For time series, RATS can handle automatically the following types of (regular) date schemes:

• A set number of periods per year (annual, quarterly and monthly being by far the most common)
• A set number of years per period (every four, five, ten years for instance)
• A set number of days per period (for instance, weekly=7 days per period)
• A set number of periods per week (5 day a week, typically). Weekly and seven-day-a-week data can fit into either of the last two categories, and it doesn't really matter which is used.

For the last two categories, or for the first two if any calculations need to be done based upon the actual days covered, RATS uses a perpetual calendar which is valid for dates from 1800 on using the Gregorian calendar, so 1900 and 2100 aren't leap years, 2000 is. The actual coding used internally starts with a theoretical Jan 1, 0001 as day 1. This is the RATS "Julian" code for a date. The function %JULIAN(T) will return that value for an entry, so

cal(q) 1960:1

disp %julian(1970:1)

will show 719252, which would be the day number for 31 March 1970 (last day of 1970Q1—the "date" of an entry is the last day covered) if the Gregorian calendar had been in place since Jan 1, 0001. The advantage of a Julian date system is that you can tell how many days separate two entries by subtracting their Julian values. Spreadsheets use a similar system, though in a somewhat confusing way. The first widely used spreadsheet program (Lotus 1-2-3, which created WKS files) used a Julian system starting with Jan 1, 1900, except it had 1900  (incorrectly) as a leap year. Excel offered two different schemes: for compatibility one based in 1900 with the Lotus bug, and another based in 1904, which avoids it. Two different XLS or XLSX files can display the same dates on the screen, while actually having different underlying values. (While the RATS system theoretically extends back to the year 1, it actually is only correct back to the adoption of the Gregorian calendar, which varies from country to country. For most countries, daily or weekly data into the 1800's will be handled properly).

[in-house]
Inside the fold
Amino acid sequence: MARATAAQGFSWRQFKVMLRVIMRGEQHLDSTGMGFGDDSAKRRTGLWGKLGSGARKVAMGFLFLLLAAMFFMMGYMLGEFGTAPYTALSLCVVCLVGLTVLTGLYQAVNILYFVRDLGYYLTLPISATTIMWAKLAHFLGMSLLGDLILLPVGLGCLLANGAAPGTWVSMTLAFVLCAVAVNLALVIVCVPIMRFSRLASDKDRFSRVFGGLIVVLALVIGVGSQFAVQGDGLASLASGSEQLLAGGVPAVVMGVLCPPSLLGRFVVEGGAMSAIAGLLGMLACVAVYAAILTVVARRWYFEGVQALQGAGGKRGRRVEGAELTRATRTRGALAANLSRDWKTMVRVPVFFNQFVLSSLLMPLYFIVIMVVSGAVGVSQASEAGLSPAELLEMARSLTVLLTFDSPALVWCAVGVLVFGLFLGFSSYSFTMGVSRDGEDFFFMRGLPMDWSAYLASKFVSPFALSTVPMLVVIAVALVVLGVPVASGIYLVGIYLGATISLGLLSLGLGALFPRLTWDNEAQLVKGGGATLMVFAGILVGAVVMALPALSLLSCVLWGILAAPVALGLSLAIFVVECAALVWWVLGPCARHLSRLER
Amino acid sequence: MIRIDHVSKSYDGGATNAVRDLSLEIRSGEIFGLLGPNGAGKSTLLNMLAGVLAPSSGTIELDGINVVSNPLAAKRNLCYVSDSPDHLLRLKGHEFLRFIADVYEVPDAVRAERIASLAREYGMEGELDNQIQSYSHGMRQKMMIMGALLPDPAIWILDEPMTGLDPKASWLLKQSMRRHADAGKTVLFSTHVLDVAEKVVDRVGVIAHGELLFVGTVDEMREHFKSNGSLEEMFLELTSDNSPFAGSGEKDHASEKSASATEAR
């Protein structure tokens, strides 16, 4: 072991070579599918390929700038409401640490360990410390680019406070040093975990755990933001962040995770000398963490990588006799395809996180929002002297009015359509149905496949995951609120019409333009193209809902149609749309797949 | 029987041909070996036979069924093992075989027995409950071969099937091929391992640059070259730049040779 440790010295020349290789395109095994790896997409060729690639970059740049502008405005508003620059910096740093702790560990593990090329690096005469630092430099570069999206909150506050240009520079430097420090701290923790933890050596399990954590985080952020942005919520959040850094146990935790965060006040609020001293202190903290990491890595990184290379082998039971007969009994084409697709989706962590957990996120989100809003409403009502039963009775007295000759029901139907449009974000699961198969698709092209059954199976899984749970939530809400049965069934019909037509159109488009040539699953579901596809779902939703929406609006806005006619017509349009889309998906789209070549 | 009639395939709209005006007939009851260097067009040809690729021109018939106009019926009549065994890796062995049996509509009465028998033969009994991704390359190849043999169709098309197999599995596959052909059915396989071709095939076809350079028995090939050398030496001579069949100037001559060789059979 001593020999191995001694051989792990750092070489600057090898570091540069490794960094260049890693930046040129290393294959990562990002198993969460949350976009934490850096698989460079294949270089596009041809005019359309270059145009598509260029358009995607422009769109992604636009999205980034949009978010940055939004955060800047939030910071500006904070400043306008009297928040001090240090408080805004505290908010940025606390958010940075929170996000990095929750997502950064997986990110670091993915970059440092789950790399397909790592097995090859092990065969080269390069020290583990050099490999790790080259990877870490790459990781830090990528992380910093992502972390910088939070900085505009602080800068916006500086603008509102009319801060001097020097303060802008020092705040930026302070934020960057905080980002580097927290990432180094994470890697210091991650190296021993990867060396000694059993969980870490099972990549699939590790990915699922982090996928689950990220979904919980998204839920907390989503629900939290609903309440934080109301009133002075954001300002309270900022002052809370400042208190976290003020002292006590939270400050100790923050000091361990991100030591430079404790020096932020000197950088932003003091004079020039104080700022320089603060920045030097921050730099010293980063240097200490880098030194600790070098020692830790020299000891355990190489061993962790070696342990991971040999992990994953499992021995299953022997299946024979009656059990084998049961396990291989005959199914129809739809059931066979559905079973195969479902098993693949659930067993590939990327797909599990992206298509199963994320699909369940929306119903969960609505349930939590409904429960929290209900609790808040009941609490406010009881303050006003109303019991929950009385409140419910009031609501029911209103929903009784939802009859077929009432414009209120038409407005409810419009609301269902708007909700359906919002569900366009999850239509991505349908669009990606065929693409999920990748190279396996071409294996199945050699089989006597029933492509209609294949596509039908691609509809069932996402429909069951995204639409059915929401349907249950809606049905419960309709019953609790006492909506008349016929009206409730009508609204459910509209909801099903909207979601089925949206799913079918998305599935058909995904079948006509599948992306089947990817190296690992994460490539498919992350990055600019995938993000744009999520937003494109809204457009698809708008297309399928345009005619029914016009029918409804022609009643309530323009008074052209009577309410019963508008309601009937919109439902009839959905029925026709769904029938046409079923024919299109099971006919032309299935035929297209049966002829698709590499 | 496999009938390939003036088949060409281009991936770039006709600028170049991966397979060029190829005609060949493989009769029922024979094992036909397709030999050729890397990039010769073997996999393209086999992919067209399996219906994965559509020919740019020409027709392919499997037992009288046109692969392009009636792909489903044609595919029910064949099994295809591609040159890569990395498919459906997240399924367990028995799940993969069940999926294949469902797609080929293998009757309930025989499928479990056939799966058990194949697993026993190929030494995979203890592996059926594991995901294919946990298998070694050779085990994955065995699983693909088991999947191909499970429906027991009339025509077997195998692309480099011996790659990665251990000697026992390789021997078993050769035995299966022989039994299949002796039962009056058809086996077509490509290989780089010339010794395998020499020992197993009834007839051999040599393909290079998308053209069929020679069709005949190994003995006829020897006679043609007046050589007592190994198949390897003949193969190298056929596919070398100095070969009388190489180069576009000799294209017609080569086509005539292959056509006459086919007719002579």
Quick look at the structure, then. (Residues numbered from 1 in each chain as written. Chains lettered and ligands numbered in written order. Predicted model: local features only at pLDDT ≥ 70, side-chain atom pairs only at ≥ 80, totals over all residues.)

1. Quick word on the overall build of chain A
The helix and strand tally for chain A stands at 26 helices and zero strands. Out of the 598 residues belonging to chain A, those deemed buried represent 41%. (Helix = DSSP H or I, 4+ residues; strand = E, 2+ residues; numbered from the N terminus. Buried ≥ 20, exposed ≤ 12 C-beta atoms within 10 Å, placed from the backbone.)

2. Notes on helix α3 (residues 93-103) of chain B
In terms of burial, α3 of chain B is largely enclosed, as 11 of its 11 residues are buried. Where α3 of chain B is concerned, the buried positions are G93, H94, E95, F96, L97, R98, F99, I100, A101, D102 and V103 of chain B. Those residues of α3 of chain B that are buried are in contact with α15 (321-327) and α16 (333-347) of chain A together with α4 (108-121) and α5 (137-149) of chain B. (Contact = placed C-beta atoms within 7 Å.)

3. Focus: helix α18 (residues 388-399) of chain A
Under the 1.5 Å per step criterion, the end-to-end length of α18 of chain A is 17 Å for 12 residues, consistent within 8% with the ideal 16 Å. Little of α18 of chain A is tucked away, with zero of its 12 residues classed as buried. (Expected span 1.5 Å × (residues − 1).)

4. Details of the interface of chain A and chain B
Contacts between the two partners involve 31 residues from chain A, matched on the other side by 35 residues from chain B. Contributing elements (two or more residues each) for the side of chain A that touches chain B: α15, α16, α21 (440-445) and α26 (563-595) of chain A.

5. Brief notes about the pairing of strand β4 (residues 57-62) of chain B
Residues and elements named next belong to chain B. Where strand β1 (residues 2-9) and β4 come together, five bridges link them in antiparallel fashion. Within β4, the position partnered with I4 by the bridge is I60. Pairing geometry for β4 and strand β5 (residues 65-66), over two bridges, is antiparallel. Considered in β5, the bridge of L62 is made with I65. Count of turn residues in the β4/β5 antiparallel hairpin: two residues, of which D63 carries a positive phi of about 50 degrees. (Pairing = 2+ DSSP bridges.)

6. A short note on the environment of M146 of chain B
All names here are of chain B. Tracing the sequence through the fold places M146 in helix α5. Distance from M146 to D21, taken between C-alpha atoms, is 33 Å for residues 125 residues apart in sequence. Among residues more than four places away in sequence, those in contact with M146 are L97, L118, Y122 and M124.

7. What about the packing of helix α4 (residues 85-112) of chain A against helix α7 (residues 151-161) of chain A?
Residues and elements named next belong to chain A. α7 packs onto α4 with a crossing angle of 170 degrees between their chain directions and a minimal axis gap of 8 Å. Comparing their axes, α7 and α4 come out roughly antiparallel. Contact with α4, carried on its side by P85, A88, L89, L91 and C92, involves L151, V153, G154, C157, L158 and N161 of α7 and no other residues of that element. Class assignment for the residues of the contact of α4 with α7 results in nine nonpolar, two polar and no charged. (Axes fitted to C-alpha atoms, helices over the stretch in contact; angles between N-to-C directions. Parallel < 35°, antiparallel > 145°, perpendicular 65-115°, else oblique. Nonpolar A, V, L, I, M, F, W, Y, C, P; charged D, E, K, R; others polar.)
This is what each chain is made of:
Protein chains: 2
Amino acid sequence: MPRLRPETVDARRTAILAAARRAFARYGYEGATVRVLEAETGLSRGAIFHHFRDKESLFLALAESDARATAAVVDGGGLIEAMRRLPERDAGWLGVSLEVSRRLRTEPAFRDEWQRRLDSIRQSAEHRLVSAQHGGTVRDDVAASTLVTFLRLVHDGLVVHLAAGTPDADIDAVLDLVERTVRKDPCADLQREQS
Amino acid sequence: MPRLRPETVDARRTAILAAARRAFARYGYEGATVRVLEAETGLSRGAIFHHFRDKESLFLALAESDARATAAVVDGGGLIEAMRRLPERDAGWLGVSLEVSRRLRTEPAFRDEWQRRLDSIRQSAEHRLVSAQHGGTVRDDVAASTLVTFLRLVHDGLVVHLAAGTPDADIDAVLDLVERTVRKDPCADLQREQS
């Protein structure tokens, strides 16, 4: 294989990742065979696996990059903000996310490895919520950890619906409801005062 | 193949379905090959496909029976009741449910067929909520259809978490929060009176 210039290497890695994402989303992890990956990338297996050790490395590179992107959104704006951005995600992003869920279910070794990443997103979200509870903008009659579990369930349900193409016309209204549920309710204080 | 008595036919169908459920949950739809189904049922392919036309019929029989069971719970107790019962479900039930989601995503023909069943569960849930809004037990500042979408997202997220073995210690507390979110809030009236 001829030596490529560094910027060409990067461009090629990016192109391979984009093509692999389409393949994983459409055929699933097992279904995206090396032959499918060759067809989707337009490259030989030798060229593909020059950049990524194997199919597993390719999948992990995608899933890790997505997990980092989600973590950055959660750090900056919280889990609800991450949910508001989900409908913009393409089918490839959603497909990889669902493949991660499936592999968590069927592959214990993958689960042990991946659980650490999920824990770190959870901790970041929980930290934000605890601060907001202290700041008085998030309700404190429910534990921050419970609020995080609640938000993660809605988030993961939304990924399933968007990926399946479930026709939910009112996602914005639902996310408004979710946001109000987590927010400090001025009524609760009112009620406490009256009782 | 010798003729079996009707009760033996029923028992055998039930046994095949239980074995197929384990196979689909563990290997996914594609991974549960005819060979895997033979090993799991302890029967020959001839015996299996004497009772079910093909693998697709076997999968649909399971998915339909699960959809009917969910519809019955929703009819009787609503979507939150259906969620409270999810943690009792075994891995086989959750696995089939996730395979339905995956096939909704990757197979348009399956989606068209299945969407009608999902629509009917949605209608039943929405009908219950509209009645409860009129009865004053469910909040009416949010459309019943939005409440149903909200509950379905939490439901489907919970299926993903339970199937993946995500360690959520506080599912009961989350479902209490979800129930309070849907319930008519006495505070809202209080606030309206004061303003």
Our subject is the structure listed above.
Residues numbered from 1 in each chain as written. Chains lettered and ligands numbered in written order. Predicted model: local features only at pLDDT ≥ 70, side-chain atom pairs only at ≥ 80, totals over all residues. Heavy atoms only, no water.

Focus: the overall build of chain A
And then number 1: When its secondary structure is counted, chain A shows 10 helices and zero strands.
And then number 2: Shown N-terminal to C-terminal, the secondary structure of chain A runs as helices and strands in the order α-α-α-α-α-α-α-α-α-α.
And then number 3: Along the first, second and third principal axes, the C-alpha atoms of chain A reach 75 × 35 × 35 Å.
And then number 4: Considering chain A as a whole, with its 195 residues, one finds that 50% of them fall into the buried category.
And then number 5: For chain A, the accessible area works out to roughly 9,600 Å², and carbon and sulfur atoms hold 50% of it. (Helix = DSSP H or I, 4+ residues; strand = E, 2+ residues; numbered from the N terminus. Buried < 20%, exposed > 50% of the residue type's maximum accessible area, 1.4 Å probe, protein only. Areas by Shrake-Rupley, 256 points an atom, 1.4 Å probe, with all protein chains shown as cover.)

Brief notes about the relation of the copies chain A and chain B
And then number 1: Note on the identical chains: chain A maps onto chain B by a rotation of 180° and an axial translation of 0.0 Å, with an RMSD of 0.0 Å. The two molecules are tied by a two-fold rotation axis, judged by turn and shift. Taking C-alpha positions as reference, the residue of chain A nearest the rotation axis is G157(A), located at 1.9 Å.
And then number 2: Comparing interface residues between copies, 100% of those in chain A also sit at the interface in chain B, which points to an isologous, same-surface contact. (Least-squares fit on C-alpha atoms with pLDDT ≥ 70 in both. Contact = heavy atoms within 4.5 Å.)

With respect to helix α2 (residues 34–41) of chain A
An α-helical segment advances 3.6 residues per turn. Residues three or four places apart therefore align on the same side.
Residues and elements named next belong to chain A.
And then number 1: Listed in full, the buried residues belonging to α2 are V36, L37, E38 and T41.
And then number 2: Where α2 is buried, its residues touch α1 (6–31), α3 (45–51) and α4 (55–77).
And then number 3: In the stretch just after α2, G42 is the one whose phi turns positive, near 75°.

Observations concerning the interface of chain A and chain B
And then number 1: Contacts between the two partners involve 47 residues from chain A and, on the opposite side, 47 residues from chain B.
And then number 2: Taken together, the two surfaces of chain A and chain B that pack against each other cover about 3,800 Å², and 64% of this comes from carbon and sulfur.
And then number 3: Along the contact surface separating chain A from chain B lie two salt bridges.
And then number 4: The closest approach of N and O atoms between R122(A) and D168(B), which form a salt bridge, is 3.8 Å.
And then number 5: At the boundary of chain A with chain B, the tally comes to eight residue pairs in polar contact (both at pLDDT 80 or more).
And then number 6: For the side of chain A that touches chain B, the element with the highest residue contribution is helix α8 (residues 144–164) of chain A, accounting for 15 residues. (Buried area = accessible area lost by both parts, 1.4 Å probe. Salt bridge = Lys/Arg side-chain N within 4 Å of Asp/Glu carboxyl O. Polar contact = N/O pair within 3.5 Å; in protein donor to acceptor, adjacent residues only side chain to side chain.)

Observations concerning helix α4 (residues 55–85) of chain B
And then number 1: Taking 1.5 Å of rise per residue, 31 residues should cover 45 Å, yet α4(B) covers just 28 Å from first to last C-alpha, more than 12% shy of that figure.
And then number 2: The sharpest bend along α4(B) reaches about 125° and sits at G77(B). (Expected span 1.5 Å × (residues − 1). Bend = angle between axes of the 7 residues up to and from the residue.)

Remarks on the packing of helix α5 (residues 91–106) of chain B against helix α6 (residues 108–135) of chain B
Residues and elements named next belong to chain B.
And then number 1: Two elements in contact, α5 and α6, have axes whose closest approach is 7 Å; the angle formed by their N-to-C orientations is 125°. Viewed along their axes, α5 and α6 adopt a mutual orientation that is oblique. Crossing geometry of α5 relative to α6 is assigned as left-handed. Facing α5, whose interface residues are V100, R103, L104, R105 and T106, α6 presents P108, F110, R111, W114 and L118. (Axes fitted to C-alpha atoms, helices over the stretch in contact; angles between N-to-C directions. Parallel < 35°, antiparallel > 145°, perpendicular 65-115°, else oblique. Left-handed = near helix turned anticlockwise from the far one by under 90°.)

To handle data with irregular dates (so that, for instance, Monday follows Thursday if Friday is missing), you need a full mapping of entries to Julian dates. If the data file has a usable date field, you can use the JULIAN option on DATA to pull that in and assign it to a series. (This doesn't have to be the name of the column of dates on the file, and, in fact, the column of dates doesn't need a label anyway). You then use CALENDAR with the option JULIAN to feed that series in as the mapping series for entries to and from dates.

open data "stocks.xlsx"

data(format=xlsx,org=columns,julian=date) 1 4566 price \$

simple_return log_return log_price

cal(julian=date)

If, instead, the data file has separate year, month and day fields, you can use the %JULIANFROMYMD function to compute the RATS Julian codes from those:

open data djia.txt

data(format=free,org=columns) 1 18940 year month day logret logrange close low high

*

* The data are daily with holiday skips. This maps the year, month,

* day information to provide the dates.

*

cal(julian=%julianfromymd(year,month,day))

Or, if you have irregular dates with a single series with the year-month-day information coded in decimal form (such as 19931115), you can use the %JULIANFROMCODED function. For instance, in the following the series DATE has values like 500104 for Jan 4, 1950. (RATS always assumes that 2 digit years mean 1900's.)

open data 5092.out

data(format=free,org=columns) 1 10875 date weekday d1 d2 d3 vol spret c8 c9

cal(julian=%julianfromcoded(date,"yymmdd"))